I recently bought an EPIA motherboard (a VIA Nehemiah-based M10000) to play with making a media station. One of the requirements for this piece of kit is that it should be quiet, so I wanted to have a little in the machine itself as possible. Having a big and ugly server in the back room, I decided that I'd try to get the little board booting over the ethernet. This page documents my struggle.

The set-up

My (internal) network setup is pretty simple. Everything is in the domain. I've got one main machine, called vlad, which acts as pretty much everything at the moment: X Windows workstation, file server, testbed web server, database server... The new machine is going to be called miyu, and, just for reference, the firewall/router/gateway that connects everything to the outside world is called spike.

MachinePurposeIP address

How it works

The network boot process goes something like this:


The first thing to set up is the DHCP server on vlad. This allows the boot ROM on miyu to find out what IP address it should be using. I use the reference implementation of the v3 DHCP server from the Internet Software Consortium, packaged by Debian as dhcp3-server.

The configuration of the DHCP server looks like this:

# /etc/dhcp3/dhcpd.conf
allow booting;
allow bootp;

option domain-name "";
option domain-name-servers;
subnet netmask {
    option subnet-mask;
    option routers;
    default-lease-time 600;
    max-lease-time 7200;

option space PXE;
option PXE.mtftp-ip code 1 = ip-address;
option PXE.mtftp-cport code 2 = unsigned integer 16;
option PXE.mtftp-sport code 3 = unsigned integer 16;
option PXE.mtftp-tmout code 4 = unsigned integer 8;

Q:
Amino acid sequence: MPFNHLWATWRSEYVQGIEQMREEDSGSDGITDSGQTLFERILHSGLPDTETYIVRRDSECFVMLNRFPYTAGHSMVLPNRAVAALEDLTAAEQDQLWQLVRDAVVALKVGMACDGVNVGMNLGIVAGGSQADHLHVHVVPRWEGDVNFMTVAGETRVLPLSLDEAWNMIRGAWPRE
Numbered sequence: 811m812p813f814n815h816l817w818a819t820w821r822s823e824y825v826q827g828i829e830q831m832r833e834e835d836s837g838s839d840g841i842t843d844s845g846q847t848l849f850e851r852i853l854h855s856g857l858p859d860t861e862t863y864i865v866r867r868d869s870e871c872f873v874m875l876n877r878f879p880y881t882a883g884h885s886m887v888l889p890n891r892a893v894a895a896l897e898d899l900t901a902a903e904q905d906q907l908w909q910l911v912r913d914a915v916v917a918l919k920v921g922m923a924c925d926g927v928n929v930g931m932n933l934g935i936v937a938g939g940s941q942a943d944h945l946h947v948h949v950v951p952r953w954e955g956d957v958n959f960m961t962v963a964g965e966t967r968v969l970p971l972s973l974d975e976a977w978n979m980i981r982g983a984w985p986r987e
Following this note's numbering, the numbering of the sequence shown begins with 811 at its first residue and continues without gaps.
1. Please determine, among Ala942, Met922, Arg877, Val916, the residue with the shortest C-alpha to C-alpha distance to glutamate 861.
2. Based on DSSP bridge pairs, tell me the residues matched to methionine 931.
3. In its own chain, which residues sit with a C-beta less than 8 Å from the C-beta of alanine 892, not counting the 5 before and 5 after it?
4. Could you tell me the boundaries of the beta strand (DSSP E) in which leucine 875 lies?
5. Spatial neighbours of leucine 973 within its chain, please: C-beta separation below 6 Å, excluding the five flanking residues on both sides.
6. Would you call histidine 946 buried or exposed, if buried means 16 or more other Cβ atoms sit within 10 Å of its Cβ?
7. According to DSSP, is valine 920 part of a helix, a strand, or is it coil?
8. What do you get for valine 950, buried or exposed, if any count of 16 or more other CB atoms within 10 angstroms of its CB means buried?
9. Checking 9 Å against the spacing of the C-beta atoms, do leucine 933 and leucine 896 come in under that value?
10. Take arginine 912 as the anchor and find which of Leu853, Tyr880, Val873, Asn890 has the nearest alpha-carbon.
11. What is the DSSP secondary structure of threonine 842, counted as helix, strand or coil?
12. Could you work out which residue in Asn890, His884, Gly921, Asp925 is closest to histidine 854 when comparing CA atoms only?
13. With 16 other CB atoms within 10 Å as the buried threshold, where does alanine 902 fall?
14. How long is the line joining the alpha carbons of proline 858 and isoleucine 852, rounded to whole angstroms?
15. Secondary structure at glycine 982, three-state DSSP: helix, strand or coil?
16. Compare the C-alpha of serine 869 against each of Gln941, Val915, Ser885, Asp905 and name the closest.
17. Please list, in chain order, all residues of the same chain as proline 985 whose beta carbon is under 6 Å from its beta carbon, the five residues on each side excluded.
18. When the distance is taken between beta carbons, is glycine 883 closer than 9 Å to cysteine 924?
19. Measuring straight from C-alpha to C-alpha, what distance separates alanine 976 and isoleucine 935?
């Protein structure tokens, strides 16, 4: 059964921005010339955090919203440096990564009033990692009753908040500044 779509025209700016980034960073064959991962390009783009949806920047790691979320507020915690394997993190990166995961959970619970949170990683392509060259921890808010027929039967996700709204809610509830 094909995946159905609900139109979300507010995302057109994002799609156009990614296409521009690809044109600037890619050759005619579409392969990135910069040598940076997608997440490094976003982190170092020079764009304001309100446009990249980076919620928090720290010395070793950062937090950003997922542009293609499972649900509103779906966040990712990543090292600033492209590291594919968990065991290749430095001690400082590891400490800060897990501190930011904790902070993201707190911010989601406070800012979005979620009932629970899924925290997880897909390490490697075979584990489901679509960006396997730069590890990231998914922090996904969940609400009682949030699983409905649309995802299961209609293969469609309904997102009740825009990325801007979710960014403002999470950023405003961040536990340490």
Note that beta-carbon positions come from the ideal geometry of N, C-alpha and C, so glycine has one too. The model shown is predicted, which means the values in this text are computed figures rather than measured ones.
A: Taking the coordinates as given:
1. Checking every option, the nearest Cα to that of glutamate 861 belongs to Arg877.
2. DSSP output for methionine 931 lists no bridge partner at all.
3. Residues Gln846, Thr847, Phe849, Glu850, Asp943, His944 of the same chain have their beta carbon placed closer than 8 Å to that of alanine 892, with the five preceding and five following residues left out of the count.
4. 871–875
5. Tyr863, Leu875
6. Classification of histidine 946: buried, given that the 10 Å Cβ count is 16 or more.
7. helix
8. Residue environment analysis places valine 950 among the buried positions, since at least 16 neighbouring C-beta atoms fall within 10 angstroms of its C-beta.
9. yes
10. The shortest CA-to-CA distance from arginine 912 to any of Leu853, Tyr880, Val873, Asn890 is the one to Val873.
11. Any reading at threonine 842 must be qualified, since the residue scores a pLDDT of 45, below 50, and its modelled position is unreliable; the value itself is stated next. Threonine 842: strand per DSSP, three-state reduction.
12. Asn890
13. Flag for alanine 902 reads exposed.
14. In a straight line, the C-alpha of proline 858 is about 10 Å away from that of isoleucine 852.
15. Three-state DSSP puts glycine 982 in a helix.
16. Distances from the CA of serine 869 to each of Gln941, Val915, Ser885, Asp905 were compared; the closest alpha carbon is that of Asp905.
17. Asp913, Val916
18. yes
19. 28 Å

option PXE.mtftp-delay code 5 = unsigned integer 8;

group {
    option vendor-class-identifier "PXEClient";

    filename "/tftpboot/pxelinux.0";
    option PXE.mtftp-ip;
    vendor-option-space PXE;

    host miyu {
        hardware ethernet 00:40:63:cb:f5:b5;

For the M10000 boards, it would appear that the option space PXE; line and the five following lines are required in order for the boot process to work. They define an additional set of options that can be passed to the client when it asks for DHCP information. These options allow the use of MTFTP (a multicast version of TFTP). We won't be using MTFTP, but we need the options anyway – particularly the option PXE.mtftp-ip; line, which tells the boot ROM to use ordinary TFTP, not MTFTP.

You will also need to replace the hardware ethernet address (MAC) of the client machine in the configuration file. The MAC address for miyu is 00:40:63:cb:f5:b5, and was written on a piece of paper stuck to the back of the ethernet socket on the motherboard. It was also printed on the screen when the machine was switched on.

The other thing that I needed (I found out later) was a DHCP relay running on port 4011. The ISC DHCP server has a DHCP relay, available in Debian as dhcp3-relay. Configure this to run on port 4011, and to relay DHCP requests to the main DHCP server on the same machine.

I tested the system at this point by plugging miyu into the network and switching it on. The M10000 boards print out their DHCP configuration when they've found it. I also found that knowing how to use ethereal is pretty helpful in working out where the problems are.